[seqfan] Re: Stones On A Finite Triangular Lattice
Leroy Quet
q1qq2qqq3qqqq at yahoo.com
Fri Sep 3 20:46:40 CEST 2010
--- On Fri, 9/3/10, Leroy Quet <q1qq2qqq3qqqq at yahoo.com> wrote:
> Take an equilateral triangle and
> subdivide it into n^2 smaller same-sized equilateral
> triangles -- where there are n horizontal rows of smaller
> triangles, and the kth row has 2k-1 triangles, the triangles
> alternating between pointing up and point down. So, we have
> a finite triangular lattice.
>
> Let a(n) be the smallest number of stones (each stone being
> small enough to fit within one of the smaller triangles)
> such that every smaller triangle of the larger triangle is
> in at least one "row" shared by a stone.
Here -- I forgot to put the obvious -- you put each stone in a smaller triangle.
Here is some ascii art.
n = 4 case, two stones:
/\
/ \
----
/\ /\
/ \/ \
--------
/\ /\ /\
/ \/ o\/ \
------------
/\ /\ /\ /\
/ o\/ \/ \/ \
----------------
Leroy
> A "row" may either run horizontally (0 degrees) or run at
> 120 degrees or run at 240 degrees. Each smaller triangle is
> contained in exactly 3 rows, one at each direction.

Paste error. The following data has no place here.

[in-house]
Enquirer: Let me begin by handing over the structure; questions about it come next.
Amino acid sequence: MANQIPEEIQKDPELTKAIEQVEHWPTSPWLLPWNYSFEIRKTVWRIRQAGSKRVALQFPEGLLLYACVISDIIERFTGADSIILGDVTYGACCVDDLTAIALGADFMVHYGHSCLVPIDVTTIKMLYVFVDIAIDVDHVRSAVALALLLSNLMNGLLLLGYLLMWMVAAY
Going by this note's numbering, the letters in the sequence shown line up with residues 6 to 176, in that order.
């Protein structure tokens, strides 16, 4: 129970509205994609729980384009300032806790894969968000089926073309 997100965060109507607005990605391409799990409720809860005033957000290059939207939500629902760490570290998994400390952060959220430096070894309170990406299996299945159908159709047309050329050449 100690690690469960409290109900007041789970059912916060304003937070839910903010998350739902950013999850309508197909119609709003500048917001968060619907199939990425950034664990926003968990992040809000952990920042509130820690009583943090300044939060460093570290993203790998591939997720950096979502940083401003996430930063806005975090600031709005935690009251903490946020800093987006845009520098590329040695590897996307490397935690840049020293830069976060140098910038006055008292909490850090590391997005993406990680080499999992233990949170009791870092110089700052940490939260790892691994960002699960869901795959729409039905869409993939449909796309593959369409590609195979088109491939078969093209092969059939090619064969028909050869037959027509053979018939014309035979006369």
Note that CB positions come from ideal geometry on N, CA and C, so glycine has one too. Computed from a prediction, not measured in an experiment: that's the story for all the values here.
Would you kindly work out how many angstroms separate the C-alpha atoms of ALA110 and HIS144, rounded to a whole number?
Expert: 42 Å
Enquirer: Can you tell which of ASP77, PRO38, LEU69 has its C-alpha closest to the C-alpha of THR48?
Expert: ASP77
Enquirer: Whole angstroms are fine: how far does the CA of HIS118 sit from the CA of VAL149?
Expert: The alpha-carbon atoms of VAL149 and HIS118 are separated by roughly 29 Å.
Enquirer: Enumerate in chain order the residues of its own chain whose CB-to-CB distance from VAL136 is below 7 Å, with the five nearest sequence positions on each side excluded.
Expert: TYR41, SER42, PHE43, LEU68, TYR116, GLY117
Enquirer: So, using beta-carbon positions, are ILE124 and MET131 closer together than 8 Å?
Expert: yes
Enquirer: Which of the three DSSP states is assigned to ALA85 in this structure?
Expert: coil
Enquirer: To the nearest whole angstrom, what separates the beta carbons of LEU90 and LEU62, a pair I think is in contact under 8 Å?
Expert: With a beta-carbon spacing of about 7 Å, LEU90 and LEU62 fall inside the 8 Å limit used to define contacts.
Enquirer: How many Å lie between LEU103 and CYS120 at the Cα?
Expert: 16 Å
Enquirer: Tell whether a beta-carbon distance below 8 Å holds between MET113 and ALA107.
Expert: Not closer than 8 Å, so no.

>
> (By the way, it is easy to see that a(n+1) - a(n) = 0 or 1,
> for all n.)
>
> Is {a(k)} in the OEIS? It must be.
>
> Now, let b(n) = the number of ways that the a(n)
> non-distinguished stones can be arranged on the order-n
> triangular lattice, such that each smaller triangle is in at
> least one row shared by a stone.
>
> And let c(n) = the number of ways that the a(n)
> non-distinguished stones can be arranged on the order-n
> triangular lattice, such that each smaller triangle is in at
> least one row shared by a stone, and such that each row has
> at most one stone.
>
> (By "non-distinguished" stones, I mean that, say, if you
> have two stones in an arrangement, and you switch these two
> stones, then both of these arrangements count together only
> once.)
>
> Are {b(k)} and/or {c(k)} in the OEIS?
>
> Note, {b(k)} and {c(k)} are somewhat triangular-lattice
> analogs to the number of permutations of (1,2,3,...n), where
> the permutations are the way to place n stones on a square
> lattice with each square in at least one row or column
> shared by a stone.
>
> Thanks,
> Leroy Quet
>
>
> [ ( [ ([( [ ( ([[o0Oo0Ooo0Oo(0)oO0ooO0oO0o]]) ) ] )]) ] )
> ]
>
>
>
>
>
>
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